Singer-songwriter Lee DeWyze is likely best known for television appearances. Most famously, he was the winner of the ninth season of “American Idol,” and his track for “The Walking Dead,” “Blackbird Song,” became a hit both among the show’s fans and the wider music world, finding its way onto the Billboard charts.
But when not on screens across the country, DeWyze has been prolific: his newest album, “Paranoia,” is his seventh in just 11 years, and he can regularly be found on the road, playing rooms known for attracting songwriters and appreciative crowds.
amNewYork caught up with DeWyze to talk about “Paranoia,” what he’s learned from his televised exploits, and what advice he’d give the contestants of the newly-rebooted “American Idol,” debuting in March.
The new record has some sounds that we’re not used to hearing from you — the prominent piano and vocal effects in the title track, for example. Is that intentional?
A lot of these songs were written before I had an idea of what I wanted this record to sound like. Being a singer-songwriter, it’s easy to get comfortable in the studio and do what feels natural — and for me, that’s the acoustic guitar. But on this record, I wanted to step outside of it just a little bit and experiment with different things in the studio, explore those different parts of me musically and see what happens. . . . It just kind of happened in real time. The sound felt good and I wanted to do more of that. I’m very in the moment in the studio, so for me, it’s a matter — and I know this sounds pretty broad — but however I feel on the next record is how it’s going to sound.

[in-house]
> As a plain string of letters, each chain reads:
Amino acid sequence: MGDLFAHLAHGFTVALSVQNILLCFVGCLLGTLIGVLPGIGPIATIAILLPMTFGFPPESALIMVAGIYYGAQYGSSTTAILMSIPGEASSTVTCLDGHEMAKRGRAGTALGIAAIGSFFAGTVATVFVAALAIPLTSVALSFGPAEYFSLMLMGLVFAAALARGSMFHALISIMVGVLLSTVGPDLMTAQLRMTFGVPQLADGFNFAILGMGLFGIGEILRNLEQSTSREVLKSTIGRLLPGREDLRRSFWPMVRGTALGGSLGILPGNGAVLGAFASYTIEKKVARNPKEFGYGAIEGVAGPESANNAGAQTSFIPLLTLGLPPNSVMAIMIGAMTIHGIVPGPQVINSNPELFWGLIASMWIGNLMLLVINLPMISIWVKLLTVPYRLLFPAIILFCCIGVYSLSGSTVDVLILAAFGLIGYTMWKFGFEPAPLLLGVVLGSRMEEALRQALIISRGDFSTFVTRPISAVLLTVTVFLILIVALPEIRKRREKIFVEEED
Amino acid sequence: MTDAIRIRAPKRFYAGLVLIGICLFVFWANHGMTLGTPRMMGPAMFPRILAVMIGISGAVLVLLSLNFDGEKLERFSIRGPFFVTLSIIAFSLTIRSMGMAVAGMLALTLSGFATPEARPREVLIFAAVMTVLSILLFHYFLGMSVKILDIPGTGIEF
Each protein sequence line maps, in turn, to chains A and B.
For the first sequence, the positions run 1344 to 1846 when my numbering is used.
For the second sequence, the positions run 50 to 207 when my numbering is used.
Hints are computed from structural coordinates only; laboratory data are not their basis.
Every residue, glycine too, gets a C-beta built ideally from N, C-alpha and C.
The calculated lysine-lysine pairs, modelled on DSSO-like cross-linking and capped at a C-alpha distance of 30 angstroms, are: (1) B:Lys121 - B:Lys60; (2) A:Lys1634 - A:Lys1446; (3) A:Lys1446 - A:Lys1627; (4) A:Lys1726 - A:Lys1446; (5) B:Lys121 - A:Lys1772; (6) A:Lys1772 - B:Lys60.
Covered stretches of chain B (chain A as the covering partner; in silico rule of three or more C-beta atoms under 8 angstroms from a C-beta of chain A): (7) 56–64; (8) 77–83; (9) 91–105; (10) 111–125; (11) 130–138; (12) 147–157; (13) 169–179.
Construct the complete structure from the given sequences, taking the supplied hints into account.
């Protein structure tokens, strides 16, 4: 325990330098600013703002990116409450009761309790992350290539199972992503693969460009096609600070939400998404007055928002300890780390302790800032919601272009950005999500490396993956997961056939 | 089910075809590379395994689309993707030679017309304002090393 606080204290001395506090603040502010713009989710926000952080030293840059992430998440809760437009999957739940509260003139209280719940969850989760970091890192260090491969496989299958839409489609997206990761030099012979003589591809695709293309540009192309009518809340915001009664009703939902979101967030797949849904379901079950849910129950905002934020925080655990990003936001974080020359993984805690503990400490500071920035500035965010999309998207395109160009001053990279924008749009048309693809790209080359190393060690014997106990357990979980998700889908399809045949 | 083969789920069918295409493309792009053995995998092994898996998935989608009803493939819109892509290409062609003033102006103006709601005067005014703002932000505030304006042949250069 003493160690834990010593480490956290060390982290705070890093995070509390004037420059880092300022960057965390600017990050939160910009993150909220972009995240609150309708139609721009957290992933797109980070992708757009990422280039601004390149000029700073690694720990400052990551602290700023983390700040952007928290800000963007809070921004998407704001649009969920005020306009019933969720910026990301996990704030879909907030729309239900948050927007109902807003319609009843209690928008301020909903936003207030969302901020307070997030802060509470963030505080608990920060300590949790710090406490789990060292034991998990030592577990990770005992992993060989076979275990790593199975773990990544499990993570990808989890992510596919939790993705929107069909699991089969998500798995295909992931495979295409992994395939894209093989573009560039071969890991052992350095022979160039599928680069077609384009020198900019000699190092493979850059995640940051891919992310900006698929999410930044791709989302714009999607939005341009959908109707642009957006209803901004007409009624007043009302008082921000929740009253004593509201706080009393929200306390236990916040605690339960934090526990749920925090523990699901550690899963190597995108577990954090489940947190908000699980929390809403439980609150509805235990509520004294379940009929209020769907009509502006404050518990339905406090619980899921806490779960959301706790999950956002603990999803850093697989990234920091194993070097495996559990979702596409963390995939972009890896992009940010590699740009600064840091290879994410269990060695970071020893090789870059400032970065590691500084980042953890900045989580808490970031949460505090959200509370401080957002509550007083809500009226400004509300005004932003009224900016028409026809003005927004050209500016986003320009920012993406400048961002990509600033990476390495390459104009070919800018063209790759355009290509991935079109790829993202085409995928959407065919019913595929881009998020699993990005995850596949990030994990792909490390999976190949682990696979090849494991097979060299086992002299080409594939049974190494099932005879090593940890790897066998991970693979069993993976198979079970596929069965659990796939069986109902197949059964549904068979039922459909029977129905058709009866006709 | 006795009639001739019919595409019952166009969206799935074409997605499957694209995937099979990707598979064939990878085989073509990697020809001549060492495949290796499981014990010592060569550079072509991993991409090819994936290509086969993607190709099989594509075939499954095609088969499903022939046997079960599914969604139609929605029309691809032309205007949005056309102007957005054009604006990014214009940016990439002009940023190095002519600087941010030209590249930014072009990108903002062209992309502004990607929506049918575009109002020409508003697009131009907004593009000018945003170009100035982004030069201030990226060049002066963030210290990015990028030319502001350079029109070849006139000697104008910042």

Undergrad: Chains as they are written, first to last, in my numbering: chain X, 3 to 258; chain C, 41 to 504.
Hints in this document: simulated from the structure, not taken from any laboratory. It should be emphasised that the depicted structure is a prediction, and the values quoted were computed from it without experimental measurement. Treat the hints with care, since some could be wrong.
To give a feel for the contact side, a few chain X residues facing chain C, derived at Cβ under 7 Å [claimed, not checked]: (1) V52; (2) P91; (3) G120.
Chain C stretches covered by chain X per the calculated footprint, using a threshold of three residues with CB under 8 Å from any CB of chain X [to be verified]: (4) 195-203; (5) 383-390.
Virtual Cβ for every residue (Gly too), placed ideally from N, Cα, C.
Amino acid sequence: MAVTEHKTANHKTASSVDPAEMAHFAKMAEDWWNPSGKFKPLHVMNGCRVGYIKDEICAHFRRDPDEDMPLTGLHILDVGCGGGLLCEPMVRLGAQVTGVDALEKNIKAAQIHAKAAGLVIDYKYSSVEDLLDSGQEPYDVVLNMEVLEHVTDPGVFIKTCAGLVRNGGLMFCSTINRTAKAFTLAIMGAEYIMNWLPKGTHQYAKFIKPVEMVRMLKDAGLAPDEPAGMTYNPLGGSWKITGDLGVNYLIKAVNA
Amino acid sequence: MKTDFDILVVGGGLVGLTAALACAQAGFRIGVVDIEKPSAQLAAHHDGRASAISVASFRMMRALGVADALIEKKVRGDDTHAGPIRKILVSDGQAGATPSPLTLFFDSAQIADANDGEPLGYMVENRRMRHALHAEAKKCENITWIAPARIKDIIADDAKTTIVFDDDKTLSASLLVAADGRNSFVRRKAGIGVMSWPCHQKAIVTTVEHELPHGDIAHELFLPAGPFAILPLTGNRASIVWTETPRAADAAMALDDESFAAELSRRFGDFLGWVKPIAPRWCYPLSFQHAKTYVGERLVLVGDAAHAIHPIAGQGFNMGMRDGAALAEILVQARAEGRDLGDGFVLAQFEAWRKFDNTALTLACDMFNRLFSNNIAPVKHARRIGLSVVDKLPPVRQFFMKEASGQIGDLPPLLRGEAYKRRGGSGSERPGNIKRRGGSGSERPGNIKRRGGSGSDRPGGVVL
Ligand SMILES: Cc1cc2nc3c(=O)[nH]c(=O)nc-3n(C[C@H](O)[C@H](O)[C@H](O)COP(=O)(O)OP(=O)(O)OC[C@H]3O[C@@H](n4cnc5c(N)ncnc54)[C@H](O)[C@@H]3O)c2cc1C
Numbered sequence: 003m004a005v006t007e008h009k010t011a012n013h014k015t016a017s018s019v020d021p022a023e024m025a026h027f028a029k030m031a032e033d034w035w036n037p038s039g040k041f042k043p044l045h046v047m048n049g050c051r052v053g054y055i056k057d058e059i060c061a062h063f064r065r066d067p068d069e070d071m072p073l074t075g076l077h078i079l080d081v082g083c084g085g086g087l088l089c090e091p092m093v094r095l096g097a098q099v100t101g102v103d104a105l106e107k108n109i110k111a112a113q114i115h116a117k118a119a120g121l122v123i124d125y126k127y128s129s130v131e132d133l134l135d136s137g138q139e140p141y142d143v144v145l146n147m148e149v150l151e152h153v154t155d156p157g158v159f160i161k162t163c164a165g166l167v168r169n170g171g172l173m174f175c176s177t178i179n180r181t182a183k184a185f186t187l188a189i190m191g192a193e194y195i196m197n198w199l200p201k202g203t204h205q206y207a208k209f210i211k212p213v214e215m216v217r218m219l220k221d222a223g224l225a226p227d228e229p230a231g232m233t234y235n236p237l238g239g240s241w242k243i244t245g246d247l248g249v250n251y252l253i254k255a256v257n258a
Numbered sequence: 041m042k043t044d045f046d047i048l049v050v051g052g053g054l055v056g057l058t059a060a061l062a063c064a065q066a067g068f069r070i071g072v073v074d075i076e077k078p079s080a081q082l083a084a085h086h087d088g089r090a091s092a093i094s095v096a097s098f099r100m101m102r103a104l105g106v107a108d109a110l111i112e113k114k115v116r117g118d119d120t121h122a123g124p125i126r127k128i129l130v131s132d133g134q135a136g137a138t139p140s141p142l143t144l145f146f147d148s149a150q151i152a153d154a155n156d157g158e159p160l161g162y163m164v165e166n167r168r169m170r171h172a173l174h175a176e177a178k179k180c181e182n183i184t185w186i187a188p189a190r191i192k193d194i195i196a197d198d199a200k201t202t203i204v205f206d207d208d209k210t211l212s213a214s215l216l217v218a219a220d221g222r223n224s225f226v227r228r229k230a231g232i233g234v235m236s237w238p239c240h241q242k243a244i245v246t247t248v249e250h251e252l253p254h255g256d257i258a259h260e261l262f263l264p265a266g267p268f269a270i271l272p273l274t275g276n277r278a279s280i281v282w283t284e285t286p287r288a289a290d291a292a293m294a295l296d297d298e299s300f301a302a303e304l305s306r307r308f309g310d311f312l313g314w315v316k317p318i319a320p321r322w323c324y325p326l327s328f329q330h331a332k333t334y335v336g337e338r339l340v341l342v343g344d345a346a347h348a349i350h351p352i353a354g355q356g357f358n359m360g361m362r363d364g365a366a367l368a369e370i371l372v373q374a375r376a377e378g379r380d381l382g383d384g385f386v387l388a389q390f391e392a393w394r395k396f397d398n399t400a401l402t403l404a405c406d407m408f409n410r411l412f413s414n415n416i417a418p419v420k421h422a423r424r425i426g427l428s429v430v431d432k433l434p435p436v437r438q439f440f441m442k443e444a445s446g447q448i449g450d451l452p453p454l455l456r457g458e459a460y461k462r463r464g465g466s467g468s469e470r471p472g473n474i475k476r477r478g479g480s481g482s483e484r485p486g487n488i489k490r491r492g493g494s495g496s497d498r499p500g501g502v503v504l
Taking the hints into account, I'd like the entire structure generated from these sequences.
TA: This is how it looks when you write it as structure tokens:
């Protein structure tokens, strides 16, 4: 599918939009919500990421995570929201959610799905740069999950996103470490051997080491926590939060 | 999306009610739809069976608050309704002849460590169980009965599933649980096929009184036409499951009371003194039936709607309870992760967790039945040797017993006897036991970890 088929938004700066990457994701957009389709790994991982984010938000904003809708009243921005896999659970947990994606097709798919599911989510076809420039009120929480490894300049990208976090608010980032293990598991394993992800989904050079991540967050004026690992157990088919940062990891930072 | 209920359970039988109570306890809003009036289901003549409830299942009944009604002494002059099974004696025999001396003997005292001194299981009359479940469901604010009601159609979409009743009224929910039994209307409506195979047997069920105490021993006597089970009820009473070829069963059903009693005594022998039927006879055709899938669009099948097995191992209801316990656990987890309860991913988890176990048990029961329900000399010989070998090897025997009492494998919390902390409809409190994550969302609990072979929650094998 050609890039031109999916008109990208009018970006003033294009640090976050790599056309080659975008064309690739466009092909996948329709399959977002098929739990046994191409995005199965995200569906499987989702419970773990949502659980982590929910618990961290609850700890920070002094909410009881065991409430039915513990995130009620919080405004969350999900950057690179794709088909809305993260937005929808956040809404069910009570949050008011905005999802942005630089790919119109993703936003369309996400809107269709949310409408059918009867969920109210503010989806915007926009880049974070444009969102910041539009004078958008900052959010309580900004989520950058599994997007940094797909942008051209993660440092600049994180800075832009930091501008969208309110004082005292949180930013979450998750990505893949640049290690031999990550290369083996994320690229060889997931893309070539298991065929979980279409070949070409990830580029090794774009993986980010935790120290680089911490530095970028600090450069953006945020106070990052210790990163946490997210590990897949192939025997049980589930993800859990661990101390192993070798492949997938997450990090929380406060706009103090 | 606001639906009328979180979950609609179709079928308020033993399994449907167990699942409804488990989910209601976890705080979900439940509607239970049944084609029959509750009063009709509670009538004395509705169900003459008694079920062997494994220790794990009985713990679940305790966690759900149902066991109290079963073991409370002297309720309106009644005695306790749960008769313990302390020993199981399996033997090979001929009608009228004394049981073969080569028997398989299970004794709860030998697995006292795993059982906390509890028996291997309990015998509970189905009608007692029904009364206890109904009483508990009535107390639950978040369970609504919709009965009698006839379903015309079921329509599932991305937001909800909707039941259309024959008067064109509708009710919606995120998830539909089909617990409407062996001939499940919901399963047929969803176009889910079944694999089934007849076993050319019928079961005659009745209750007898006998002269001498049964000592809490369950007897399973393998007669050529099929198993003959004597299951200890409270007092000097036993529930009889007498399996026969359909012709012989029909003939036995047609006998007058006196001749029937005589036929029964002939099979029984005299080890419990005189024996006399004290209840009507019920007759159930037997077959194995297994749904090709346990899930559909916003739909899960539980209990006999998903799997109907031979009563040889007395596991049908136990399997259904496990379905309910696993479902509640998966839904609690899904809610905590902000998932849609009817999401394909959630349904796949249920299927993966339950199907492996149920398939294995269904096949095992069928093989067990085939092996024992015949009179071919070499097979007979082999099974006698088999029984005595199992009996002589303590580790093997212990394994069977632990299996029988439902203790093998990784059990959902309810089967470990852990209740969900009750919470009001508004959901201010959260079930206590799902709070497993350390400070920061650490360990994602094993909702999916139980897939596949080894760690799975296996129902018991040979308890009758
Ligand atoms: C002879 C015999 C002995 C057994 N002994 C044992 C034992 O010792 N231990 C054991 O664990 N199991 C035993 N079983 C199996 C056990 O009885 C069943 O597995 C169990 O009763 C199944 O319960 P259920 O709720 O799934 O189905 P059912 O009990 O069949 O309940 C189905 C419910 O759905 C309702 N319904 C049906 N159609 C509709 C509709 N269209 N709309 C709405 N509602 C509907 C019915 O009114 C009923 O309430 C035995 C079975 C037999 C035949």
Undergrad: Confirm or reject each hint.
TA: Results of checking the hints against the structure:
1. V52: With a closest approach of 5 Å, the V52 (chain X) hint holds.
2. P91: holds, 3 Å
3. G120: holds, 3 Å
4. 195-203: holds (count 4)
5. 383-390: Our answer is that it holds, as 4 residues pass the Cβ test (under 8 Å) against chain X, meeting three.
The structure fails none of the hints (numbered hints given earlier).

You’ve had quite a few television shows license your music over the past few years — “Blackbird Song” from “The Walking Dead” is your most-streamed track on Spotify, for instance. What do you take away from those opportunities?
It gives me a different outlook on my music. When I see it in something, it’s like, “I never saw it that way.” It lets me look at it from a different angle. My music seems to lend itself to those things. It’s another way for me to get my music to people, to these different audiences. That’s the best part of it.
You won “American Idol” in 2010. If you were given a few minutes to chat with the competitors of the show’s March relaunch, what would you tell them?
For me, a key for “American Idol” is understanding what you’re getting yourself into. It is a machine, but I’ve always maintained that songwriting is at the core of what I do, and that’s my main focus. The show’s not built for singer-songwriters. They go on there, but it’s not built for that. For me, it was a great platform to get my name out there, and I’ve got some amazing fans who followed me from the shows . . . The red carpets? Those are fun. But the core has to be about the music. And if you win or you don’t win, it doesn’t matter, because you still have that.